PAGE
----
In 1994 PC Gamer US named Aces of the Pacific the 12th best computer game ever. The editors wrote, "With its unsurpassed variety of aircraft and mission types, Aces of the Pacific may well be the most gratifying air-combat simulation ever made."[10] In 1996 Computer Gaming World ranked it as the 47th best game of all time, for setting "new standards for graphics and performance."[11] In 2003 IGN ranked it as the 92nd top game, stating: "Realism, aircraft, technology, multiplayer and many ways to kill many a folk made Aces of the Pacific an immediate hit. (...) Better flight sims have come and gone, but this was one of the first truly glorious ones and its brand is still burnt in our minds."[12]


  1. ^ Rigby, Paul (March 1992). "Aces of the Pacific preview". AMIGA Magazine Rack. Dynamix. Archived from the original on 28 September 2021. Retrieved 9 August 2018.
  2. ^ MacDonald, Duncan (September 1992). "Aces of the Pacific". Zero. No. 35. pp. 70–71. Retrieved 24 August 2021.
  3. ^ Ritchie, Craig (September 2010). "From the Archives; Dynamix". Retro Gamer (80): 54–58.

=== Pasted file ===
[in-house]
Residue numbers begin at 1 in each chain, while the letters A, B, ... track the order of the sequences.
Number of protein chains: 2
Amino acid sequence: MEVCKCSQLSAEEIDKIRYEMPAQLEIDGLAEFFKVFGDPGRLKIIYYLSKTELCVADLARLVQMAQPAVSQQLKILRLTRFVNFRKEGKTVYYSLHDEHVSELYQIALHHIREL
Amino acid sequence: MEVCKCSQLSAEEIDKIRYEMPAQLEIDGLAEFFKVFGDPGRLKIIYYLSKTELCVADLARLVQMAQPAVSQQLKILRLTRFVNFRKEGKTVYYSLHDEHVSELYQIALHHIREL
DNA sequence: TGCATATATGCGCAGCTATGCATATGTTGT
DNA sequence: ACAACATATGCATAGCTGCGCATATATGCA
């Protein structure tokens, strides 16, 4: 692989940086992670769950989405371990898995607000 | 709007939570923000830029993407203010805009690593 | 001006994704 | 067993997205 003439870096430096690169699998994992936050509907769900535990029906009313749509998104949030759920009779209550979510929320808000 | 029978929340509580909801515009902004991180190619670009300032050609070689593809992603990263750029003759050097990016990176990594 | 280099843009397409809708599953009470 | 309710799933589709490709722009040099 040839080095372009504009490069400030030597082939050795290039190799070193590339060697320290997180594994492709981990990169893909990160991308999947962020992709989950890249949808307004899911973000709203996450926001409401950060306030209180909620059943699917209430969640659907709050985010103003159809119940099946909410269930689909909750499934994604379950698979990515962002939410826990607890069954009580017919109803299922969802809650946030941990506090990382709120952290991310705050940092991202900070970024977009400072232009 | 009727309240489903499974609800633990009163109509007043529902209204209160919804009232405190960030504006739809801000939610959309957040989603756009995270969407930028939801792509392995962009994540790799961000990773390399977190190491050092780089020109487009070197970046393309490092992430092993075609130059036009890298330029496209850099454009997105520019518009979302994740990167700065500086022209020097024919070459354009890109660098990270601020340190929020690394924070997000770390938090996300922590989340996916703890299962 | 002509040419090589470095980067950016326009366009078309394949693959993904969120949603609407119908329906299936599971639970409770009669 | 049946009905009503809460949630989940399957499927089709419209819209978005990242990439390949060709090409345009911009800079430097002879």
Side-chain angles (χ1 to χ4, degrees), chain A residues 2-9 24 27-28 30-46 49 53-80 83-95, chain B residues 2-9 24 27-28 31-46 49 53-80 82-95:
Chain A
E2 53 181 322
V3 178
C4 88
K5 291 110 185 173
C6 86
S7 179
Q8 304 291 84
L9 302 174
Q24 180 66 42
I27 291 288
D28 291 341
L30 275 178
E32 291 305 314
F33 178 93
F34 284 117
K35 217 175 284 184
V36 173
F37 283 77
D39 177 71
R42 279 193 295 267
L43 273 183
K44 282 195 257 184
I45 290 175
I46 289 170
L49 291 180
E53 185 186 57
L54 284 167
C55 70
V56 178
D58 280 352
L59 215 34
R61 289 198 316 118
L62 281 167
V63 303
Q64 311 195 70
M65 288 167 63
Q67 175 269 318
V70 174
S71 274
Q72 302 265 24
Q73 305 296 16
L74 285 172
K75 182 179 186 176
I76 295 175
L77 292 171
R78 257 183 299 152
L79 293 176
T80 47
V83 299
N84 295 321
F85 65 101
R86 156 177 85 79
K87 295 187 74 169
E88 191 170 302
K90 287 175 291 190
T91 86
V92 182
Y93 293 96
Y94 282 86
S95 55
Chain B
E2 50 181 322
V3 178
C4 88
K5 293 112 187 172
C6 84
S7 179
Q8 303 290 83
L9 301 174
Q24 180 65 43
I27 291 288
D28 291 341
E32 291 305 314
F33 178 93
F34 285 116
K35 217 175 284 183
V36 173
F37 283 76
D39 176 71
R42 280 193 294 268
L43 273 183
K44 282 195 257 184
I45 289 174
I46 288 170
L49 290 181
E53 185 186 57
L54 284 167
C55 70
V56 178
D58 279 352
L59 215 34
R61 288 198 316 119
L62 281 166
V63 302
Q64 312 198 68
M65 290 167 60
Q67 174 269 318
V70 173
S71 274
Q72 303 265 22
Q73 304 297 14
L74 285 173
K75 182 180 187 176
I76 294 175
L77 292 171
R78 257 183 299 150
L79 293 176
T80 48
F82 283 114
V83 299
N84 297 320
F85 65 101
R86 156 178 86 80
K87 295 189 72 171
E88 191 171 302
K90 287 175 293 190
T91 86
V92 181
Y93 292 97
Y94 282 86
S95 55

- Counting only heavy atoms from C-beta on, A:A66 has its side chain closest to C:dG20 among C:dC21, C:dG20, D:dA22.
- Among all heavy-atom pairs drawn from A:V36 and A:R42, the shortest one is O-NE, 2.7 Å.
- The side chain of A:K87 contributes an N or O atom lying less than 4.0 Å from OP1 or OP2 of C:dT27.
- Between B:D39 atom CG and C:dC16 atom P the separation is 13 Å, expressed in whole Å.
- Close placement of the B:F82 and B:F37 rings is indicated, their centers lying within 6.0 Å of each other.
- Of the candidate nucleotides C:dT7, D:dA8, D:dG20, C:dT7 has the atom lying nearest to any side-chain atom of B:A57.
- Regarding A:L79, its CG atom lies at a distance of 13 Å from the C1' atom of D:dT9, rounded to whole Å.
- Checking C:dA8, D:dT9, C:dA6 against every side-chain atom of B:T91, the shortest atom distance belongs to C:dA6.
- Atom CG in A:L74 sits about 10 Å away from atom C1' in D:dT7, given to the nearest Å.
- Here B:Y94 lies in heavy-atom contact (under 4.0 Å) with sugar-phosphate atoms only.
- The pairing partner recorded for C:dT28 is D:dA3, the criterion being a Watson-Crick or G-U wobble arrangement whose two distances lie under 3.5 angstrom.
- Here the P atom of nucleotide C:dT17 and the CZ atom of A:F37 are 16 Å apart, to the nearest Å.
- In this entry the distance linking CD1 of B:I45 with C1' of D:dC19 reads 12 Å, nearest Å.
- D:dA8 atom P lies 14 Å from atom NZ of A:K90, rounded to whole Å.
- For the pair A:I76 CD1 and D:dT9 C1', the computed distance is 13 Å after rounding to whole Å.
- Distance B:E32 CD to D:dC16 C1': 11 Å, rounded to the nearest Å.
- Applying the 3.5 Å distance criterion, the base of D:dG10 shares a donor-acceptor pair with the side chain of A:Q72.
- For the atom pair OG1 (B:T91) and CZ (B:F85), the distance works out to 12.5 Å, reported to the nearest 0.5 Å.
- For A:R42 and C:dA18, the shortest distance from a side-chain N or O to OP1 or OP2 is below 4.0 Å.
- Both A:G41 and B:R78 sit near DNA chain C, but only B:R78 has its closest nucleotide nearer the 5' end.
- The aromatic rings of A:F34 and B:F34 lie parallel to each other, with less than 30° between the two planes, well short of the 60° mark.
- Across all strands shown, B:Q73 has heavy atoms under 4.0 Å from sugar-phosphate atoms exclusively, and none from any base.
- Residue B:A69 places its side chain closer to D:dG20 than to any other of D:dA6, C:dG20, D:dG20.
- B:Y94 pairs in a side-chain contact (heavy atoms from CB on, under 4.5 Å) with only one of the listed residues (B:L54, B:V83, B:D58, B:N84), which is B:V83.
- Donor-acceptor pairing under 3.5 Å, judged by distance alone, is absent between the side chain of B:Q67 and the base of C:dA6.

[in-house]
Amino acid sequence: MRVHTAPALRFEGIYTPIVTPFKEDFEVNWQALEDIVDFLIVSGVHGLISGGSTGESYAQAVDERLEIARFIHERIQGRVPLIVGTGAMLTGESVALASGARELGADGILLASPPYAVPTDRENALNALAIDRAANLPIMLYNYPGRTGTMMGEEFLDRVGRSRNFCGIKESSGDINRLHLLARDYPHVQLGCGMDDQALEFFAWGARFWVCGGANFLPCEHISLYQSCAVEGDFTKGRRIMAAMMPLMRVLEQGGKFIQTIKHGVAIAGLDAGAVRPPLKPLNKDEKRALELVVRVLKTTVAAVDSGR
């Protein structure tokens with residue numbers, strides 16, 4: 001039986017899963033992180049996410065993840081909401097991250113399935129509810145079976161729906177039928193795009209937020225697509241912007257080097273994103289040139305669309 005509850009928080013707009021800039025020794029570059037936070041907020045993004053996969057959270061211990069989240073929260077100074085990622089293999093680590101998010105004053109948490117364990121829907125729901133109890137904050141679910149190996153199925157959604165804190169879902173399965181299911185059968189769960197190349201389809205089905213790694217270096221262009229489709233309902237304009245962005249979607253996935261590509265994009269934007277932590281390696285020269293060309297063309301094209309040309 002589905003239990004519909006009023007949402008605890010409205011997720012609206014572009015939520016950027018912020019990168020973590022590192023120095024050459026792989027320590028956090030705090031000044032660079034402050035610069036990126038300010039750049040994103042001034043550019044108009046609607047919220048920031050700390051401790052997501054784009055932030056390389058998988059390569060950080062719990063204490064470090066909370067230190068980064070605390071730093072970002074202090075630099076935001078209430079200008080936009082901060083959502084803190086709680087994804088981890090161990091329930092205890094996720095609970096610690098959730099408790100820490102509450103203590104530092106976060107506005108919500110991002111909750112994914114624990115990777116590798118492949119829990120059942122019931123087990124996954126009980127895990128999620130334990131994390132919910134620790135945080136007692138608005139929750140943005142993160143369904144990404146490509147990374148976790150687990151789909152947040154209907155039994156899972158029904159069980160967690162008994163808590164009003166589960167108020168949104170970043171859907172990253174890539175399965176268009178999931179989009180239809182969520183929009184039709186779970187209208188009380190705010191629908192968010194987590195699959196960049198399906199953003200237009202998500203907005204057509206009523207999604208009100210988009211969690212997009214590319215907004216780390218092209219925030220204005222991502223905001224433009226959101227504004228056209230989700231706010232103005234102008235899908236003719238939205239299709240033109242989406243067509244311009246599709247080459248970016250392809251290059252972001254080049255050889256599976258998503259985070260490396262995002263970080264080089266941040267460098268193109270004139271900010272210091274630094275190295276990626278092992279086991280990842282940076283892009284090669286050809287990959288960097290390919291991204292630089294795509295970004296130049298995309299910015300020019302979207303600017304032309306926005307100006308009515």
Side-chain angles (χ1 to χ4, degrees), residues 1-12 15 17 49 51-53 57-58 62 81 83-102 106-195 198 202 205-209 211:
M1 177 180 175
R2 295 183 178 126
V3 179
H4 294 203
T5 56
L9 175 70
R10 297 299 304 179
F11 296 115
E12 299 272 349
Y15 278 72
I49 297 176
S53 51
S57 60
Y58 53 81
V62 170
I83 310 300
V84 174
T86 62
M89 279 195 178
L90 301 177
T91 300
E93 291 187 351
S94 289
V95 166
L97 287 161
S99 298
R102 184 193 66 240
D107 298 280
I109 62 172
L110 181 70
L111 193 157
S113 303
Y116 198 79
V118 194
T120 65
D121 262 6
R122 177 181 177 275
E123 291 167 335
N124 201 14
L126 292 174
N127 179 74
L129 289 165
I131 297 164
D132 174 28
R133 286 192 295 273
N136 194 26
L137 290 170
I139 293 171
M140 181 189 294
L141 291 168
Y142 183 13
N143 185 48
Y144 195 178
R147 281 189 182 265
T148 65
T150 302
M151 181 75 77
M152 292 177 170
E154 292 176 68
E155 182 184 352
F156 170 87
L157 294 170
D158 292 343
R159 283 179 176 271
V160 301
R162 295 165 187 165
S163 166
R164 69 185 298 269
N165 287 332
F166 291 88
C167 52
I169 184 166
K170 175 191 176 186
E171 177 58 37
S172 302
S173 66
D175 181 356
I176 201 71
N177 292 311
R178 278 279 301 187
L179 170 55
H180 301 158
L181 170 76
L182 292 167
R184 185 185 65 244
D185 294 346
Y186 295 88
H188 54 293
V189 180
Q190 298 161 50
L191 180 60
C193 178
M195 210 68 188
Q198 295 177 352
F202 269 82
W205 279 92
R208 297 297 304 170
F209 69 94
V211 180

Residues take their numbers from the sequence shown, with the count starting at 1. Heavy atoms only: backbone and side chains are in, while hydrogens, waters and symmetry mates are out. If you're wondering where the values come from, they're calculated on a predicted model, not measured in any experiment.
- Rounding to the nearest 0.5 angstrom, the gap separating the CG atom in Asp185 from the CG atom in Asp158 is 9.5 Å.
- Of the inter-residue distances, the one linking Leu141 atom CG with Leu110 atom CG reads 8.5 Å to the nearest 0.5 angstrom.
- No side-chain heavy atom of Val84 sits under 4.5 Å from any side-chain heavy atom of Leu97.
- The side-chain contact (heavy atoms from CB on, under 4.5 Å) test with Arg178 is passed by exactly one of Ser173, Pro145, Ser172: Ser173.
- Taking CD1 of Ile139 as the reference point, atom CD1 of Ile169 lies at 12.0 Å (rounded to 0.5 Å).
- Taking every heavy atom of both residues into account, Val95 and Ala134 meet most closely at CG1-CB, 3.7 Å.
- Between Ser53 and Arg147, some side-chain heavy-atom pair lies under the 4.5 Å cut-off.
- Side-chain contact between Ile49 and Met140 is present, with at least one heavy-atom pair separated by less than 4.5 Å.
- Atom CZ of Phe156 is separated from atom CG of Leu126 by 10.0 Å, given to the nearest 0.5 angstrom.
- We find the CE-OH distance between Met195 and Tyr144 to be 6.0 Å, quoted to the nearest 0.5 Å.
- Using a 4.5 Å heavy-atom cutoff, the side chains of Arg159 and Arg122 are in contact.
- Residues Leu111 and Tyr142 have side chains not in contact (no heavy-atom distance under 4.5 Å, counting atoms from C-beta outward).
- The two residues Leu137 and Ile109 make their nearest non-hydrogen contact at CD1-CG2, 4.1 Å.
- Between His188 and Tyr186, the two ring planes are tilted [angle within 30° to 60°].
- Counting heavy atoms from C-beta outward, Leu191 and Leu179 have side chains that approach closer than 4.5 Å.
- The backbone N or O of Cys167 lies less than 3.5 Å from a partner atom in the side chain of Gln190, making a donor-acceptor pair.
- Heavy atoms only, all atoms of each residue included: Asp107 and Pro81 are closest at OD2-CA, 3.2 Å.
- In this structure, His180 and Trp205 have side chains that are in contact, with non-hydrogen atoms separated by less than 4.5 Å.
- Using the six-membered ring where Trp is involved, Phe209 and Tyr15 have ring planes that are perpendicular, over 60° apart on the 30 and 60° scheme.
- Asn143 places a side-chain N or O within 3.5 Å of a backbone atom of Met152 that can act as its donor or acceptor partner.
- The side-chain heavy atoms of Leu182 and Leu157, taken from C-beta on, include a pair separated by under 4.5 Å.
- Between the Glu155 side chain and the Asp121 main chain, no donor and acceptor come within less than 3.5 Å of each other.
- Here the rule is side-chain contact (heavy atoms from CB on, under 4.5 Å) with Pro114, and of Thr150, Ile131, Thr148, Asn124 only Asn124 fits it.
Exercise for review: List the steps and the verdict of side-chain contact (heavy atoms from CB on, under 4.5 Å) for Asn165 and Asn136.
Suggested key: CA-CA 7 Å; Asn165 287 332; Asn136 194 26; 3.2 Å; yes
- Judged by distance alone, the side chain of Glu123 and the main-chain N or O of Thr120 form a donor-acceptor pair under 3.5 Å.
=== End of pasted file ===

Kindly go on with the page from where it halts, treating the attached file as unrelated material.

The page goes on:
4. ^ Fick, Douglas (September 1992). "Aces of the Pacific from Sierra/Dynamix". Computer Gaming World. No. 98. p. 112. Retrieved 3 July 2014.
  5. ^ Fick, Doug (December 1992). "Aces Takes Off ... Finally". Computer Gaming World. p. 76. Retrieved 5 July 2014.
  6. ^ Fick, Doug (March 1993). "A Flight into the Hypothetical with Dynamix's Aces of the Pacific Expansion Disk". Computer Gaming World. p. 116. Retrieved 6 July 2014.
  7. ^ Brooks, M. Evan (September 1993). "Brooks' Book of Wargames: 1900-1950, A-P". Computer Gaming World. p. 118. Retrieved 30 July 2014.
  8. ^ Lesser, Hartley; Lesser, Patricia & Lesser, Kirk (December 1992). "The Role of Computers". Dragon (188): 57–64.
  9. ^ Keizer, Gregg; Yee, Bernie; Kawamoto, Wayne; Crotty, Cameron; Olafson, Peter; Brenesal, Barry (January 1993). "Best of PCGames '92". PCGames: 20–22, 24, 26, 28, 30, 32.
  10. ^ Staff (August 1994). "PC Gamer Top 40: The Best Games of All Time". PC Gamer US (3): 32–42.
  11. ^ "150 Best Games of All Time". Computer Gaming World. November 1996. pp. 64–80. Retrieved 25 March 2016.
  12. ^ "IGN's Top 100 Games of All Time". Archived from the original on 4 November 2013. Retrieved 6 November 2013.